President Donald J. Trump will deliver his first State of the Union Address tomorrow, a touchstone from which to evaluate his first year in office. There is certainly a lot to talk about — what with all the scandals, palace intrigue, and alarming and often confounding Twitter tirades.
But what about the tens of millions of Americans living in or on the brink of poverty? What is the state of the union for them? How have they fared under the first year of a Trump administration?
The Trump administration and congressional allies conspired to pass a tax agenda that will shower large corporations and ultra-wealthy households with lavish giveaways, while eventually raising taxes on millions of low- and moderate- income families.
They have succeeded at chipping away at some of the historic health progress produced by the Affordable Care Act (ACA), by sabotaging enrollment efforts, repealing the individual mandate, and encouraging state governments to deny struggling men and women access to Medicaid coverage through pointless and costly red tape dressed up as “work requirements.”
They allowed funding to lapse for three other vital health programs — the Children’s Health Insurance Program (CHIP), federal Home Visiting, and community health centers — leaving the physical and financial wellbeing of tens of millions of low-income people in a lurch for months.
The Trump administration has advanced an anti-immigrant agenda tinged with xenophobia, including ramping up deportation efforts and rescinding protection afforded to some 800,000 Dreamers, which also serves to block upward mobility for many families and communities.
They have retreated from key civil rights enforcement and using the law as intended to guarantee fair opportunity to minority populations in poverty, including stalling efforts to finally address residential segregation, while halting bipartisan momentum to make our criminal justice system more fair and less punitive.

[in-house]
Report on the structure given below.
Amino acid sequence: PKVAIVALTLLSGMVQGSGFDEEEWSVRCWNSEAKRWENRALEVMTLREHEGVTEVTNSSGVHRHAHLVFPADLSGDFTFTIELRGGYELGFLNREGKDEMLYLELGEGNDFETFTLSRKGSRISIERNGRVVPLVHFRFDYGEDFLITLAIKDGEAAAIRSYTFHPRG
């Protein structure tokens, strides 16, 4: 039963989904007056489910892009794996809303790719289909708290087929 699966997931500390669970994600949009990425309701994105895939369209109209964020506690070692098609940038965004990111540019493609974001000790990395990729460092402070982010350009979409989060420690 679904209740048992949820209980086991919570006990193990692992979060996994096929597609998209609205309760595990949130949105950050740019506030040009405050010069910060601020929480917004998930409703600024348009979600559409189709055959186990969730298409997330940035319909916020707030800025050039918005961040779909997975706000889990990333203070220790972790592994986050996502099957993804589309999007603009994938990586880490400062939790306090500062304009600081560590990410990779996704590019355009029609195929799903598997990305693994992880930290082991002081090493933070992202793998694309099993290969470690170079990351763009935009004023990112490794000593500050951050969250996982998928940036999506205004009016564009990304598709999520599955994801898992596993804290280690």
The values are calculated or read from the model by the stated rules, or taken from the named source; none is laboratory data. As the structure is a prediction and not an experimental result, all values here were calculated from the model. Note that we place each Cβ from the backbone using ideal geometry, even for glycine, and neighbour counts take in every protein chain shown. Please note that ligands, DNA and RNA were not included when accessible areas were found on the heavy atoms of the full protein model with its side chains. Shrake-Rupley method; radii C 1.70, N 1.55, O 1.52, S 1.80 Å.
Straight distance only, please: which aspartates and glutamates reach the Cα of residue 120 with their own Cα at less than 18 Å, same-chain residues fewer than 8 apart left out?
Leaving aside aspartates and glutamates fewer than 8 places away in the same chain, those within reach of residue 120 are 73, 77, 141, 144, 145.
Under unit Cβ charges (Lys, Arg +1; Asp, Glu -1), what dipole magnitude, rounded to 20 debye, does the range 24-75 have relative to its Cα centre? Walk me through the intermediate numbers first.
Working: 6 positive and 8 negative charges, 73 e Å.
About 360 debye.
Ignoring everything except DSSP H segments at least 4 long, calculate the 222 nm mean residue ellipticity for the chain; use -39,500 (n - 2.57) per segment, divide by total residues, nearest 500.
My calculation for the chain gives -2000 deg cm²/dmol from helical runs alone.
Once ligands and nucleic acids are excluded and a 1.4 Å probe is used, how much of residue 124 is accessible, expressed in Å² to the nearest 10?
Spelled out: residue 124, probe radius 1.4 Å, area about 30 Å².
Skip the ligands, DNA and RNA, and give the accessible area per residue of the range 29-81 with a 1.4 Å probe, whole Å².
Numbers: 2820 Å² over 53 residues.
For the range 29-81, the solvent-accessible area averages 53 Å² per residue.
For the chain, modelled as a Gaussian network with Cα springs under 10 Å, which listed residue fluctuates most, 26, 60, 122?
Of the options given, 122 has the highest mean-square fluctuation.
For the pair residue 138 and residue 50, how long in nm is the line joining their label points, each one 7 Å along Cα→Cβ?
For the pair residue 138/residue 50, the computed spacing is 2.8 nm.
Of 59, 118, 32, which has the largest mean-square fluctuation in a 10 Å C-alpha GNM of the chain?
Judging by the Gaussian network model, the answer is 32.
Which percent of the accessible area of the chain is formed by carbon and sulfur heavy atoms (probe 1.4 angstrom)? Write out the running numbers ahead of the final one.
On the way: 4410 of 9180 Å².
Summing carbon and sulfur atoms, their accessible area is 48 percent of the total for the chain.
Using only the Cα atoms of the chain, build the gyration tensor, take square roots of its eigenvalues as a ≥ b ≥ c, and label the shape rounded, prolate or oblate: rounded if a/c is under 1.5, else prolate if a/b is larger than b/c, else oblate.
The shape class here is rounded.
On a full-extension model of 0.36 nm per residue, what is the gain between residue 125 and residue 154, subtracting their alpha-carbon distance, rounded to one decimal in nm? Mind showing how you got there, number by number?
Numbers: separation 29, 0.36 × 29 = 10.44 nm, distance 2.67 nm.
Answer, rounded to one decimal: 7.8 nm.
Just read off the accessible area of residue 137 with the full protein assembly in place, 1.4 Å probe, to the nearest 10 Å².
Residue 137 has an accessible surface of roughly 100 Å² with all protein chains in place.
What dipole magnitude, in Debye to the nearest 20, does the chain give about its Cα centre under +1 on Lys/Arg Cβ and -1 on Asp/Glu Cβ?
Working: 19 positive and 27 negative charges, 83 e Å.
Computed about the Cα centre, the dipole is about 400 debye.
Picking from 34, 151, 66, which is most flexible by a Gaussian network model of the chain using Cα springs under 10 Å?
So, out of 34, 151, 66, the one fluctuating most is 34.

They have launched an assault on protections for low-wage workers and tried to dismantle the Consumer Financial Protection Bureau (CFPB) — an Obama-era agency created to protect everyday consumers from financial abuses like payday lending.
And most recently, they forced a government shutdown by holding hostage both Dreamers and the some 9 million low-income children who receive health insurance through CHIP.
Put briefly, the Trump administration and congressional allies have threatened the financial wellbeing of tens of millions of people in or near poverty, torn families apart, and ultimately weakened our country’s commitment to equal opportunity for all. The heaviest burden has fallen on people of color and immigrant communities, reflecting our country’s long history of structural racism and discrimination, as well as the administration’s general animus towards racial and ethnic minorities.
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And 2018 could be worse still.
Some in Congress, including House Speaker Paul RyanPaul Davis RyanJuan Williams: Pelosi shows her power Cheney takes shot at Trump: 'I like Republican presidents who win re-election' Cheney allies flock to her defense against Trump challenge MORE, have signaled that they will use the massive fiscal shortfalls created by their tax plan to justify slashing anti-poverty programs, including SNAP (formerly food stamps), Medicaid, and housing assistance, among others. Meanwhile, it is rumored that the Trump administration is gearing up to unleash even more administrative attacks on these programs under the guise of “welfare reform”—a racially-coded euphemism used to mask otherwise unpopular cuts.
Further damage, though, is not inevitable.
In 2017, we saw successful pushback to a central legislative priority of the Trump administration — full repeal of the ACA and total decimation of Medicaid — that would have been devastating for millions of people living in or near poverty. To be sure, advocacy inside the Beltway was vital, but just as important was the work done “back home” at the state and local level to pressure governors, health providers, and other key stakeholders to come out against this destructive agenda.
Moving forward, state and local advocacy will be just as crucial to ensuring that federal spending on anti-poverty programs is not gutted, and that state governments do not accept the Trump administration’s invitation to apply for harmful waivers that restrict eligibility for vital basic needs assistance, as a few already have.
The federal government has a key role to play in fighting poverty and promoting upward mobility. In their first year of governance, the Trump administration has fought hard to drastically roll back the programs and policies that do just that.
In 2018, they should choose a different path. Otherwise, anti-poverty and racial equity advocates around the country must be ready to hold the line — lest the state of the union be much worse for people in poverty in 2019, and beyond.
John Bouman is the president of the Sargent Shriver National Center on Poverty Law.